Hospitality dollars up

Jamestown visitors helped boost the 2017 first quarter lodging and restaurant tax dollars, according to Searle Swedlund, executive director of Jamestown Tourism.

Jamestown visitors helped boost the 2017 first quarter lodging and restaurant tax dollars, according to Searle Swedlund, executive director of Jamestown Tourism.

The North Dakota Office of State Tax Commissioner reported first quarter hotel-motel lodging tax dollars for Jamestown totaled $35,503, and restaurant tax dollars totaled $85,869. Jamestown has a 2 percent tax while the state has a 5 percent tax on lodging and restaurants.

The tax dollars are on target for the Jamestown Tourism budget, Swedlund said. The budget is based on the 2014 tax dollars plus 5 percent, he said.

“February is better than a lot of people thought it would be,” he said. “The sports tournaments brought in a lot of people.”

In his report Monday to the Jamestown Tourism Board, Swedlund said the 2017 grant allocations have $62,684 remaining out of the $150,000 budget. There are presently $87,316 committed funds to 10 projects with an estimated 12 projects anticipated to request funds remaining.


The Tourism Board discussed three potential “feed the buffalo” receptacles that would be placed near the World’s Largest Buffalo, in Frontier Village or at other locations around Jamestown to help fund an eventual restoration project of the World’s Largest Buffalo statue.

The statue made of plaster and concrete was built on a steel frame in 1959 by Elmer Petersen. The 46-foot-long by 26-foot-high statue was given its 10th layer of paint last fall for $8,500. A report from Interstate Engineering recommended stripping all paint from the statue and conducting repairs to heat-damaged surfaces.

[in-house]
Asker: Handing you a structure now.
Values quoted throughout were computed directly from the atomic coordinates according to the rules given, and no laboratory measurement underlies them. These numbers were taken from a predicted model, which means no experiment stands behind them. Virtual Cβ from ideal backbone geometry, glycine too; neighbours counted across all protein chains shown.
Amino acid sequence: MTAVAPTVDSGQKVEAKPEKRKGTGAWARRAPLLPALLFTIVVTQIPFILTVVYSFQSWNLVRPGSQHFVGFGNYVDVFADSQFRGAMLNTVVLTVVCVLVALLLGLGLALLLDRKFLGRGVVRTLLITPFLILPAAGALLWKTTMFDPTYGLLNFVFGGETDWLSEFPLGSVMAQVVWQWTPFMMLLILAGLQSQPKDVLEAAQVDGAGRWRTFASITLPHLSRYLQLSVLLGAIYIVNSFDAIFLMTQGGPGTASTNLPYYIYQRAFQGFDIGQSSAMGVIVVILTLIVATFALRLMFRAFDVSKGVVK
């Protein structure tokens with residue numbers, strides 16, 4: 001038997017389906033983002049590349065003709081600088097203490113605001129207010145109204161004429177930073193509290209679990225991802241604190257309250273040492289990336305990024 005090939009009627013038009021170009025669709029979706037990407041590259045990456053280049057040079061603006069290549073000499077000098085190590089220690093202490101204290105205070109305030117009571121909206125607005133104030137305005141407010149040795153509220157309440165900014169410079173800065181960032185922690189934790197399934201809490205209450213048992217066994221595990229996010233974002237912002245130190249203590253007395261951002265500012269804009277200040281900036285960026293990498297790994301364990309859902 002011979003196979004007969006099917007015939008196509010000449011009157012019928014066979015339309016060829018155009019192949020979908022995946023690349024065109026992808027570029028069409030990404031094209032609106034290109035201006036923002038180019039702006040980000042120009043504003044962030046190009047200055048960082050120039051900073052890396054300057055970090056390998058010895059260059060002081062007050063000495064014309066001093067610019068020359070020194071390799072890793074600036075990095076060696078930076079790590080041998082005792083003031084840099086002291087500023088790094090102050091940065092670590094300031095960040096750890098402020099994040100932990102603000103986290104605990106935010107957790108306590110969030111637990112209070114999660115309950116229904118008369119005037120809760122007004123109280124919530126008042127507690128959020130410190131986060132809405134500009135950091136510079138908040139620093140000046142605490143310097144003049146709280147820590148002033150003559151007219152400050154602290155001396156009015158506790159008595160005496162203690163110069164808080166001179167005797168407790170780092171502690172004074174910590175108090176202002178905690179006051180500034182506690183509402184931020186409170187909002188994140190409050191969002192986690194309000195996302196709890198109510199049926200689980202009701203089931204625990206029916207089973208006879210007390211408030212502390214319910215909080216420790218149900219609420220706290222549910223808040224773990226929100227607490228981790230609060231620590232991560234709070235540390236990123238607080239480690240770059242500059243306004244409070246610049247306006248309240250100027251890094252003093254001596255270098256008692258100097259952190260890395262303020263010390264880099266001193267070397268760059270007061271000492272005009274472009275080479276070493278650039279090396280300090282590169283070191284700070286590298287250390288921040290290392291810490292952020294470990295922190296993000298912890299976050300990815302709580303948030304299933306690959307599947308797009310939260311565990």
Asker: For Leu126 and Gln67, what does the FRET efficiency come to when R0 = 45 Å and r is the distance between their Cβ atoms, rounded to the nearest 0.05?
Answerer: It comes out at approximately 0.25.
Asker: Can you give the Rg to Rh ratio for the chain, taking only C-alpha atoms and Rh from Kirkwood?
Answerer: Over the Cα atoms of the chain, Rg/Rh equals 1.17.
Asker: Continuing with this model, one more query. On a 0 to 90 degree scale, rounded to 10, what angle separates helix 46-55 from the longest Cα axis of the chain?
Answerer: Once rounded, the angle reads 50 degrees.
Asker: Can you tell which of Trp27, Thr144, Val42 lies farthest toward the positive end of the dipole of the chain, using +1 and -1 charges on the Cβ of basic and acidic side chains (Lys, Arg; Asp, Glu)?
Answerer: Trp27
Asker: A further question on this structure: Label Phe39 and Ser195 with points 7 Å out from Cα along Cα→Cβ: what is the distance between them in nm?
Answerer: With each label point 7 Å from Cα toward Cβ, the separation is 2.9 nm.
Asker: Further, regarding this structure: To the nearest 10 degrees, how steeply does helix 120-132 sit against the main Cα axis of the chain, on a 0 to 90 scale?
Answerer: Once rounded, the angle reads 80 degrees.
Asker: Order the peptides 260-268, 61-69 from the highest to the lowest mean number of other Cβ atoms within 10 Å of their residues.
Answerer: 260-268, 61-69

The World’s Largest Buffalo will need to be painted again in seven to 10 years, Swedlund said. It is not known yet what the cost for removing the layers of paint and for repairs, which is why the fundraising must start now, he said.

The Tourism Board was asked to consider feedback and concerns about four possible bison receptacle ideas to donate money to that would also provide a positive visitor experience. The receptacle should be creative and interactive, motivating and stand up to weather and use, Swedlund said.

The rough concepts were drawn up by JP Cozby III of Replum Media, according to Swedlund.

The Tourism Board liked two of the concepts. One would be a low-tech metal structure shaped like a bison to insert bills or coins in the mouth. Board members said they would research the possibilities of creating an interactive structure in the shape of a buffalo that would entertain with moving wheels and gears before dropping a keepsake token from under the tail.

Board members said the goal was to balance the investment with the likelihood of collecting donations to offset costs and fund the statue maintenance in 10-year-intervals. The secondary goal was to attract multiple visits.

The Tourism Board members dismissed concepts involving a 3-D printer and another that uses a multimedia projector as technically difficult and not practical for the weather.

Related Topics: TOURISM
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